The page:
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by Fayne Frey, MD ,Board-certified clinical and surgical dermatologist
Patients ask me daily if “anti-wrinkle” creams work.
If the question they are really asking is if the aging process can be reversed, the answer is no. Anti-wrinkle creams cannot change the anatomy of skin to erase wrinkles.
Let’s rephrase the question. “Can anti-wrinkle creams improve the appearance of fine lines?” If that’s the question being asked, my response changes to yes, though the changes in the skin are not permanent.
Over-the-counter “anti-wrinkle” creams
Over-the-counter (OTC) “anti-wrinkle” creams are, first and foremost, moisturizers. These water-based formulations contain ingredients that fill in the cracks of dry skin to give skin a soft and smooth feel, as well as elements that help keep the skin hydrated. Well formulated moisturizers, when used regularly, increase the water content of the superficial layers of skin. The added moisture temporarily improves skin’s appearance.
“Anti-wrinkle” creams are marketed brilliantly. Beauty companies appeal to our youth-obsessed culture by promising to help consumers create younger looking skin. Healthy sounding ingredients are touted on the labels for greater marketing appeal.
Little, if any, scientific evidence proves ingredients added for marketing appeal are responsible for the temporary improvement in skin appearance. The beneficial results are more likely due to the ability of the OTC moisturizing cream to increase the water content of the skin. Any well-formulated moisturizer will do the job. An “anti-wrinkle” cream is absolutely not necessary.
The more expensive the better?
The overwhelming majority of my patients have purchased expensive “anti-wrinkle” creams at one time or another. When one product didn’t meet expectations, they often purchased another, and another at $50, $80 or $100 per ounce, up to $3600 per pound. Most admitted to not seeing the promised results.
Which brings me to the question – Why do so many intelligent, accomplished women continue to purchase these expensive face creams? They tell me they personally did not experience results, and that they are aware a true “anti-wrinkle” or “anti-aging” cream does not exist. If an effective “anti-aging” cream did exist, one that actually changed the structure of the skin and rid the face of fine lines and wrinkles, wouldn’t we all be using it? Yet, many women cling tightly to the hope that the next product purchased will produce the desired outcome.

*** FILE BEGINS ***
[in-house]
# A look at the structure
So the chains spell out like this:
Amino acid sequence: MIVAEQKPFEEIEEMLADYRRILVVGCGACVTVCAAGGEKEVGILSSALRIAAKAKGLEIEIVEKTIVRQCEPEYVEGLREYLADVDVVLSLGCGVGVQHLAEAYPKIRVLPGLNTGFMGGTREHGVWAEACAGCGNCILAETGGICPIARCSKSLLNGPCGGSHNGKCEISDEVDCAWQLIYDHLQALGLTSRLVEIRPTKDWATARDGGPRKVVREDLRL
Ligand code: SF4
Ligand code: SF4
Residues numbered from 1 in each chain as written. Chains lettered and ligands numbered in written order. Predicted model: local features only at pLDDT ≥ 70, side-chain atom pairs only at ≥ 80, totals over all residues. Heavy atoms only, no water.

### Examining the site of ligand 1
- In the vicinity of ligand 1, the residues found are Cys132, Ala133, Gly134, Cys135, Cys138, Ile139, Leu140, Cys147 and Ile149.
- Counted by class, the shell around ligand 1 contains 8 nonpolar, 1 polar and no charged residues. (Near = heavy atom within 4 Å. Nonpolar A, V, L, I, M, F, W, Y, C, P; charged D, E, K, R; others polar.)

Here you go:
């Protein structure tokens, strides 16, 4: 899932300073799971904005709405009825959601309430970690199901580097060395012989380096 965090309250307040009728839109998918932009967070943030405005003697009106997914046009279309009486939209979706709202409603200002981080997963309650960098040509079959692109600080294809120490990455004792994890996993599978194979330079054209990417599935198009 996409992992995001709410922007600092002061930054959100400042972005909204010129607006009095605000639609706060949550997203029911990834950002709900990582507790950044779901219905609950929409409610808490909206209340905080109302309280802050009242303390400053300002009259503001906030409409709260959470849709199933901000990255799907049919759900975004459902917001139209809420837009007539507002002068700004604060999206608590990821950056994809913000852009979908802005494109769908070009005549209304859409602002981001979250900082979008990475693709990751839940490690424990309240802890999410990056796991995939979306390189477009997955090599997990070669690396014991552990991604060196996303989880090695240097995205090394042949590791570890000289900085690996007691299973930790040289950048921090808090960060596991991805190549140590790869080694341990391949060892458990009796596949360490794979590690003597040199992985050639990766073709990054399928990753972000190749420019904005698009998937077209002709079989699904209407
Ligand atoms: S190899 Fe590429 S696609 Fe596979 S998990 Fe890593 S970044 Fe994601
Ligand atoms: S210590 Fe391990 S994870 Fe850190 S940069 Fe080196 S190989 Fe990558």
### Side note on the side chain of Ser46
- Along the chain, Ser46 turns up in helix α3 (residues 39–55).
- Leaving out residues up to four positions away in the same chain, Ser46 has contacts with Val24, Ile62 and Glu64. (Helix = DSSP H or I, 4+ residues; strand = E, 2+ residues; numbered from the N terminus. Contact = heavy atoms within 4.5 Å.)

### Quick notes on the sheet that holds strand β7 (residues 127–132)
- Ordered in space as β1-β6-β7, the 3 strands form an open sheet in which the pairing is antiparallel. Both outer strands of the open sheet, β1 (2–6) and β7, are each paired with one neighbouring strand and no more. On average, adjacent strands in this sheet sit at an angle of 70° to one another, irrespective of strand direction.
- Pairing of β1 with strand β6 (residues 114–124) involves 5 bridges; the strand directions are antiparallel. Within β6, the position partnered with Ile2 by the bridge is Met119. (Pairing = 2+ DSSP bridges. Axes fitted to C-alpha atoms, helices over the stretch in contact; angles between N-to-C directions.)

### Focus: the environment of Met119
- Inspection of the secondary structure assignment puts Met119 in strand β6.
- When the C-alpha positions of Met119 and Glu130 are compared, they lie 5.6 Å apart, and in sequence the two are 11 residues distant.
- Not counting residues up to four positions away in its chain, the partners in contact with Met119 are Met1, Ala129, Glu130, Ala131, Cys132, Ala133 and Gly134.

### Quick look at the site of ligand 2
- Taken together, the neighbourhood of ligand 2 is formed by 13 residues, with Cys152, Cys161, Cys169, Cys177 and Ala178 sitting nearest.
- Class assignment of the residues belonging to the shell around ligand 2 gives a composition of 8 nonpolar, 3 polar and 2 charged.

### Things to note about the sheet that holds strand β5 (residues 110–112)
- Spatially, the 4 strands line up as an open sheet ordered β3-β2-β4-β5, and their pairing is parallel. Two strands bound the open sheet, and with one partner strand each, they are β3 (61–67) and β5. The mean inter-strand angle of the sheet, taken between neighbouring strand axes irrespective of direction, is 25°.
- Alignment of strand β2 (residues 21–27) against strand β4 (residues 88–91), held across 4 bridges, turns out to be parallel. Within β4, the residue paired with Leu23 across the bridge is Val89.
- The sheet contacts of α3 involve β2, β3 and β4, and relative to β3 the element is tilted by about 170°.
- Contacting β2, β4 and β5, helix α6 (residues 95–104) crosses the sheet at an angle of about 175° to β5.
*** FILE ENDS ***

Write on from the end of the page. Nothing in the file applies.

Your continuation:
Perhaps this behavior can be explained by a phenomenon in social psychology called “pluralistic ignorance”. This term applies when a majority of people privately reject a belief, but assume most others accept it, and therefore go along with it. In other words, no one believes, but everyone thinks everyone else believes.
Do you remember the story, “The Emperor’s New Clothes” by Hans Christian Andersen? Two swindling weavers offer the emperor an invisible new suit of clothes only invisible to those unfit for their position or “hopelessly stupid.” The townspeople, not wanting to appear as fools go along with it. As the emperor prances nakedly before his subjects, a child cries out, “But he isn’t wearing anything at all!”
Let’s swap out the swindlers for the $180 billion global beauty industry for a moment. The industry promises women “anti-wrinkle” serums and lotions to rid them of their fine lines and wrinkles. The women purchase and apply these “magic potions” for ridiculous sums of money. No one dare admit they don’t see significant results for fear they won’t meet cultural expectations. As a board certified dermatologist with over 25 years of experience, I feel compelled to call out, “But these anti-wrinkle products are simply creams that temporarily moisturize!” I hate to ruin the fun.
The Moral of the Story
Aging is a gradual, irreversible, decline in physiologic function that occurs in every species. The exact cause is not yet known. The fact remains that science has not yet discovered a single ingredient proven to reverse the aging process. I wish I could tell you differently.